As IYES take to the stage to kick off proceedings, they’re faced with the unenviable task of winning over a crowd of post-work drinkers still catching up on the latest office gossip. Some technical hitches during the first couple songs don’t particularly help their cause, mind. Undeterred, they power through and deliver a set full of heavy hitting, R&B tinged pop delights that suffice in diverting the attentions of the crowd in their favour. ‘Glow’ is the standout track, its powerful rhythms and aggressive synths meshing beautifully with the delicate and melodic female-male vocal interchanging. Their between song clumsiness can be unbearably awkward at times, but some honing in on the live setup will undoubtedly work wonders, and hopefully help fully-realise the massive potential they possess.
Nottingham duo Crvvcks are an altogether different prospect. Their music is decent enough; pulsing beats and down-pitched vocals over hazy sonic soundscapes = good. But doing nothing more than standing on stage with a laptop and pressing play = not good. It comes across more like a DJ set, and it doesn’t work particularly well at 8.45 on a Tuesday evening. It’s unfortunate, because the songs are clearly strong. But the crowd, obviously confused and thinking it’s nothing more than a between-band DJ set, have vacated to the bar.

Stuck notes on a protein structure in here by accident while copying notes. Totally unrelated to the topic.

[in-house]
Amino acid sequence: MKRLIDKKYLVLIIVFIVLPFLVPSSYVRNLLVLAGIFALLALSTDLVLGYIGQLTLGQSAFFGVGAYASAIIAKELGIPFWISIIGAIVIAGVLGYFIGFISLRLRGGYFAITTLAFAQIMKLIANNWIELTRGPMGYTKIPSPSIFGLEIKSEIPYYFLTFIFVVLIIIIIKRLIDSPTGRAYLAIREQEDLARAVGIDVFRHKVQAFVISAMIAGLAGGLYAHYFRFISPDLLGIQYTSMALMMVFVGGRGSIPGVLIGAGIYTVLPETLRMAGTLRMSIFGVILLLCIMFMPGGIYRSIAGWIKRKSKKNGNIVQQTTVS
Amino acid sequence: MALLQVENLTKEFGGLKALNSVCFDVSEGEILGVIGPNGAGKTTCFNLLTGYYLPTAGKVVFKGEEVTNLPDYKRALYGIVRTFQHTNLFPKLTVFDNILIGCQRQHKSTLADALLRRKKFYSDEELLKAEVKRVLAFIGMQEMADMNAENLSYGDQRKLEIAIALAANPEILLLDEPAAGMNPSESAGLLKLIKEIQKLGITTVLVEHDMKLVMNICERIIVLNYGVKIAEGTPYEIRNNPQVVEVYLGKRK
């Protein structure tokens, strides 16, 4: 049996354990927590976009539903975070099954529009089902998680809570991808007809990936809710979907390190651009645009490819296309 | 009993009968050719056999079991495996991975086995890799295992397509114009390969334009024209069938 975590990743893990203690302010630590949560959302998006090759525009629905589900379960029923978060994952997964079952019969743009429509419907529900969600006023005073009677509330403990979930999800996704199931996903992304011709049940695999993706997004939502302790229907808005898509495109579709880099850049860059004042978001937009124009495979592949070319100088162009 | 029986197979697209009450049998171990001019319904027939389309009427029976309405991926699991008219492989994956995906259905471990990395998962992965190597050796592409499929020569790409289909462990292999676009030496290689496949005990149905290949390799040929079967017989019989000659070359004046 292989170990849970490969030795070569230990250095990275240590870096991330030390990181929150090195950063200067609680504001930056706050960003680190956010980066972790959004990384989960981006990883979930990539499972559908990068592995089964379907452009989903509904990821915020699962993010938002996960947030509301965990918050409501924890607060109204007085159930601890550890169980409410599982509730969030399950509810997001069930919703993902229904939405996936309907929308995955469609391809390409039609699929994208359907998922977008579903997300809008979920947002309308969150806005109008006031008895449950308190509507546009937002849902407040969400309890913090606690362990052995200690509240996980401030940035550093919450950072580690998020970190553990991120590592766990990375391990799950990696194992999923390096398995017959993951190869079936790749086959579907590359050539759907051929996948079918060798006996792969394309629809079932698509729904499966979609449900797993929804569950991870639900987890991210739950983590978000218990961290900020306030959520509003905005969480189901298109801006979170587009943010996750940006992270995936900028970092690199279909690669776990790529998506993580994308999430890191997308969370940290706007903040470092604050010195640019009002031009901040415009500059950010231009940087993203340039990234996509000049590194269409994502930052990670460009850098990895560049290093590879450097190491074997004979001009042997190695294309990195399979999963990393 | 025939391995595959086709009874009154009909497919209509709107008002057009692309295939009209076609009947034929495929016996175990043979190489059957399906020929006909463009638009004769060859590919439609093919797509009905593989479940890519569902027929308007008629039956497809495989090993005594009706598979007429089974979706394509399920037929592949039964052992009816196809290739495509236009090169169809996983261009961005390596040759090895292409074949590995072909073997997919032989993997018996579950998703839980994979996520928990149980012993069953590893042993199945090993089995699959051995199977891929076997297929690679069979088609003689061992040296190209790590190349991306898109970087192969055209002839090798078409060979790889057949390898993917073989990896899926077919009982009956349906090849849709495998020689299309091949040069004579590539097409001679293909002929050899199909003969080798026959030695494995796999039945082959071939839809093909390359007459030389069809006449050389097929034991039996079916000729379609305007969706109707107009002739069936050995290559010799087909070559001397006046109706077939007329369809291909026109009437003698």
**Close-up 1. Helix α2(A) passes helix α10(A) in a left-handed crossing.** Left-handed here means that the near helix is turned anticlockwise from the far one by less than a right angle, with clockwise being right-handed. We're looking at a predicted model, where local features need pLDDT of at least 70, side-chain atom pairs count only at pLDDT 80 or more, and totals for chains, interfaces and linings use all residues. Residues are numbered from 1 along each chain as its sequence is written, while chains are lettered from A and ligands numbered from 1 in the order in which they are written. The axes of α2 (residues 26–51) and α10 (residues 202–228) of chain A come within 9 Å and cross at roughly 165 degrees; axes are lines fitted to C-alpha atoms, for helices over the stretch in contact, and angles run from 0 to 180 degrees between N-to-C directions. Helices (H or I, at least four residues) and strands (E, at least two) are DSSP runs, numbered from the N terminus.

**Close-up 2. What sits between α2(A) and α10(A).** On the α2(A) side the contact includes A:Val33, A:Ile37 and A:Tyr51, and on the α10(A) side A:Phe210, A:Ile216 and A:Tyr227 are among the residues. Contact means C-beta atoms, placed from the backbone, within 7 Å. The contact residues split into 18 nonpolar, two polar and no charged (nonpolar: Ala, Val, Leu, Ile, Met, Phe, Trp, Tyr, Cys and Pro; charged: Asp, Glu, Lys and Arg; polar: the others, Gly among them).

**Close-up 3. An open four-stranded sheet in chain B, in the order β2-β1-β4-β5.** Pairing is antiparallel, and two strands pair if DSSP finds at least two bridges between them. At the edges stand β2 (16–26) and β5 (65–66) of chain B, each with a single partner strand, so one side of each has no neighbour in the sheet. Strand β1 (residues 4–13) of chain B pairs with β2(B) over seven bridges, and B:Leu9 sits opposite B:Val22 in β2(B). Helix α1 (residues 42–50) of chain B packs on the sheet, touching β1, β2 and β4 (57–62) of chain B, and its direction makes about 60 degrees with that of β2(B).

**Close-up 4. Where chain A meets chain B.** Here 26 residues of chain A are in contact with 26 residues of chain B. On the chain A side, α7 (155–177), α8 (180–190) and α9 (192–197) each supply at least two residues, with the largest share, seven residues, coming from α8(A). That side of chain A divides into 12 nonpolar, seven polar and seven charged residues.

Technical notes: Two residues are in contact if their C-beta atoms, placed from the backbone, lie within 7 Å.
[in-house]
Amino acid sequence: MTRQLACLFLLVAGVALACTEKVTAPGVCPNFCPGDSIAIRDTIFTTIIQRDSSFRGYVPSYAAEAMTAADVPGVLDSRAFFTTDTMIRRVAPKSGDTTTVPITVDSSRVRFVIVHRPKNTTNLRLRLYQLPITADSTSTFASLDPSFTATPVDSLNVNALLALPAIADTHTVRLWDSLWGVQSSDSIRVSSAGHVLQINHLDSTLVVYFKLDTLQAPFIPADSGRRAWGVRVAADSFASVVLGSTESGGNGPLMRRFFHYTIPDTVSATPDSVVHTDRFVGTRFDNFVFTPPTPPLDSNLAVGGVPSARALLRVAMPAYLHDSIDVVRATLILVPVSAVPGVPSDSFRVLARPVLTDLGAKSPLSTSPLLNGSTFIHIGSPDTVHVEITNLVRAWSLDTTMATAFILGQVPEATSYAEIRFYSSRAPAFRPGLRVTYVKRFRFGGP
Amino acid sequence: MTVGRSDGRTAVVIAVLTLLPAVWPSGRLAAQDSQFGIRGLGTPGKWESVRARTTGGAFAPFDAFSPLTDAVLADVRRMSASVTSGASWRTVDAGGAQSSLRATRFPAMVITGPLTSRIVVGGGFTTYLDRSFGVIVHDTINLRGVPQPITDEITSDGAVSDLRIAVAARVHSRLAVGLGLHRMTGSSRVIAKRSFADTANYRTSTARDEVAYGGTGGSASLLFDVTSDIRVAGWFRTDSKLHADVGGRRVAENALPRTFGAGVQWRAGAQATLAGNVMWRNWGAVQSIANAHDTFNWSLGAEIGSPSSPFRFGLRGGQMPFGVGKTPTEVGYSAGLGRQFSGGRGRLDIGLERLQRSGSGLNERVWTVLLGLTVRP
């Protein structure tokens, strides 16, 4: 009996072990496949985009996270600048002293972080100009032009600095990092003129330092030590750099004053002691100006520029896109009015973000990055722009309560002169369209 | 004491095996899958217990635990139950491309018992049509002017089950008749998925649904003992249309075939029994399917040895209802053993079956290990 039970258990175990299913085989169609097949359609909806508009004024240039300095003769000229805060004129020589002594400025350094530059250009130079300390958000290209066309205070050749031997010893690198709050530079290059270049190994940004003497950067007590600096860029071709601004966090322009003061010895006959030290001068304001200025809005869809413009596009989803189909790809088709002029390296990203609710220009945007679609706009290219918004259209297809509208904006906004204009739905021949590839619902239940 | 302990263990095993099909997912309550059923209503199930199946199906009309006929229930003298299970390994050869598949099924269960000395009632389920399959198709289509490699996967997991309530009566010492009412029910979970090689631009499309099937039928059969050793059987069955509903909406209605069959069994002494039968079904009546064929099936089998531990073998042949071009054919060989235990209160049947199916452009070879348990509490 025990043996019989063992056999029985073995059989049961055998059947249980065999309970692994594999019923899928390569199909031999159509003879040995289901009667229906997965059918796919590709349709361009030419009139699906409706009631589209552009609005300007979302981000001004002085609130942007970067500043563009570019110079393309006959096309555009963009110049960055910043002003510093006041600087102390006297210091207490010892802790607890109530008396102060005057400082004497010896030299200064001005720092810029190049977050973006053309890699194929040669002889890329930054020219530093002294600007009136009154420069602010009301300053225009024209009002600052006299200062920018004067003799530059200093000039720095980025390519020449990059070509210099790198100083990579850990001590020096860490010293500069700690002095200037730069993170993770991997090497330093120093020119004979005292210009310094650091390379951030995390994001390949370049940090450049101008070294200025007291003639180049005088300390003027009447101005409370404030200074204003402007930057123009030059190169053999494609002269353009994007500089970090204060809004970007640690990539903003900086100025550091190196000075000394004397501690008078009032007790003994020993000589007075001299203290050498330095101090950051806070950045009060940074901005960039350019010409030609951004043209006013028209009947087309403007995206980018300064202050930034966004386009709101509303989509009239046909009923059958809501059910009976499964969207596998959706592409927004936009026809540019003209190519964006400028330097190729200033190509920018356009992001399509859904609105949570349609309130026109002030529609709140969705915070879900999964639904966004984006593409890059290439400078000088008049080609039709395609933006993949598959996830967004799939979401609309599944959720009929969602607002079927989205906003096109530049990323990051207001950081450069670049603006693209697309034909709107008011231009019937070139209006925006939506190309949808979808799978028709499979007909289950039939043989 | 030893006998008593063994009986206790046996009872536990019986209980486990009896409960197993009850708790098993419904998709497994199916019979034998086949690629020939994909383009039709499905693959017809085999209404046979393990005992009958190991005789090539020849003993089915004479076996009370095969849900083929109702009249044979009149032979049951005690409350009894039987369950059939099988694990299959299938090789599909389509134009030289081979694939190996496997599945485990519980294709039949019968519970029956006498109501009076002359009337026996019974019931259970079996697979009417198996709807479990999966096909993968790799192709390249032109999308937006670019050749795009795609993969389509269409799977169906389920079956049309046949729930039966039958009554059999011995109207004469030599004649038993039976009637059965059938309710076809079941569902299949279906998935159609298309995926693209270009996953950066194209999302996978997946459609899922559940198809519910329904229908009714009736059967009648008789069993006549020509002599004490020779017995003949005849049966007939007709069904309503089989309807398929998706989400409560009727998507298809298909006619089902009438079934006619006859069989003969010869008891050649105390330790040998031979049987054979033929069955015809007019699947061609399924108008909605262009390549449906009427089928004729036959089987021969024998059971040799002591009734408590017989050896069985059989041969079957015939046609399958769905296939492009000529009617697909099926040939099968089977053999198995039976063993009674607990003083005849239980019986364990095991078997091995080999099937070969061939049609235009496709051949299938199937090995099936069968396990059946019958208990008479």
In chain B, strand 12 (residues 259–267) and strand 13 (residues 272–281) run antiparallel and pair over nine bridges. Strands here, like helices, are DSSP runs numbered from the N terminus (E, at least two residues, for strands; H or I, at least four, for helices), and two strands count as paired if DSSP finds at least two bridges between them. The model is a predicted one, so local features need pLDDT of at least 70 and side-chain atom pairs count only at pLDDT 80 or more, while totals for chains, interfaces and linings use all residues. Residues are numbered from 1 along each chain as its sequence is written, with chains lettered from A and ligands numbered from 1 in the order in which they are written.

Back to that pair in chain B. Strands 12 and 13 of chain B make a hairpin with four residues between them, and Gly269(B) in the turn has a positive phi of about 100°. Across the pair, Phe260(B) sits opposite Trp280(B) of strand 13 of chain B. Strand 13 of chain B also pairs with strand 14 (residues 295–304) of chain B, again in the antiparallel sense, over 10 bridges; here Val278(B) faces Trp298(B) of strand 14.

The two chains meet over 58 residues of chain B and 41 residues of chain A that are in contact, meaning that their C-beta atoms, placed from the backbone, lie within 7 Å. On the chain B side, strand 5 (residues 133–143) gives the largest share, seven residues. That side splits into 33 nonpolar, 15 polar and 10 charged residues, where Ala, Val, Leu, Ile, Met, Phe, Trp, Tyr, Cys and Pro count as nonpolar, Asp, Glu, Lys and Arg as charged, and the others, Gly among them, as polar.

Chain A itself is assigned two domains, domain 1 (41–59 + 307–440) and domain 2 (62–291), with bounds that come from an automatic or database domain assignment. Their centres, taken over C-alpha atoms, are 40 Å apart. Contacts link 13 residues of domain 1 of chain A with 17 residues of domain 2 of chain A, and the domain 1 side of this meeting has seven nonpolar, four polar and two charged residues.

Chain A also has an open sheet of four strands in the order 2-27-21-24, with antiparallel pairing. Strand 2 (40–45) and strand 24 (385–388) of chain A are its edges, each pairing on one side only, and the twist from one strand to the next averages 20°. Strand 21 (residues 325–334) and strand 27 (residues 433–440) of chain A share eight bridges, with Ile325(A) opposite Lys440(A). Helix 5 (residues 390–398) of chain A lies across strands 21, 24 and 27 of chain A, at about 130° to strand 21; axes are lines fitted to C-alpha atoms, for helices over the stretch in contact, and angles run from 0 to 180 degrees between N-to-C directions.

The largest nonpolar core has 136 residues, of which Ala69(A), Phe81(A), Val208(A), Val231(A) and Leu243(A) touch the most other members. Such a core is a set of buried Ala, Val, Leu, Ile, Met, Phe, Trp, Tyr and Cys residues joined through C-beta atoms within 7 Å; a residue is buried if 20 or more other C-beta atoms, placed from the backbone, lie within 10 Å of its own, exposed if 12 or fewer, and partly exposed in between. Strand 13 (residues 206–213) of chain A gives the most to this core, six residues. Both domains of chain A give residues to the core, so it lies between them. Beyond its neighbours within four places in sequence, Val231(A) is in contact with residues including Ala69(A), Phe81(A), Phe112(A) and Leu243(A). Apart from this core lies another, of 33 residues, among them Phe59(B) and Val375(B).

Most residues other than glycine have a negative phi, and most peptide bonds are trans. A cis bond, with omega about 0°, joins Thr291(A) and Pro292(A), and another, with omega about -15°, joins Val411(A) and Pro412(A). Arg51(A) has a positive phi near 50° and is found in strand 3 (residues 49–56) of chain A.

As soon as Brighton’s Gaps step on stage, the venue is once again overflowing. And it’s obvious why, because Gaps are absolutely brilliant. There may only be two of them, but they have no trouble filling the room with their hypnotic, looping rhythms and graceful melodies, mixing the delicate, atmospheric guitar lines of Mogwai with Flying Lotus-aping beats and Elizabeth Fraser-esque vocals. Making full use of loop pedals and sample pads to piece their songs together in a fascinating fashion, it’s a wholly encompassing live experience that’s impossible not to enjoy.
Kirk Spencer makes beat-driven, melodically-correct heavy pop. And it’s damn good live, too. Accompanied by some stunning visuals, Spencer hammers away at sample pads and drum machines with the relentless force of a man whose life depended on it. He’s an energetic and passionate one-man show, and his well-structured set grows and builds in a way that never gets dull. It knows when to go all out and when to reign it in. The gritty, slow-building distorted goodness of ‘Kukco’ proves to be the highlight of the night, combining in spectacular fashion with those mesmerising visuals.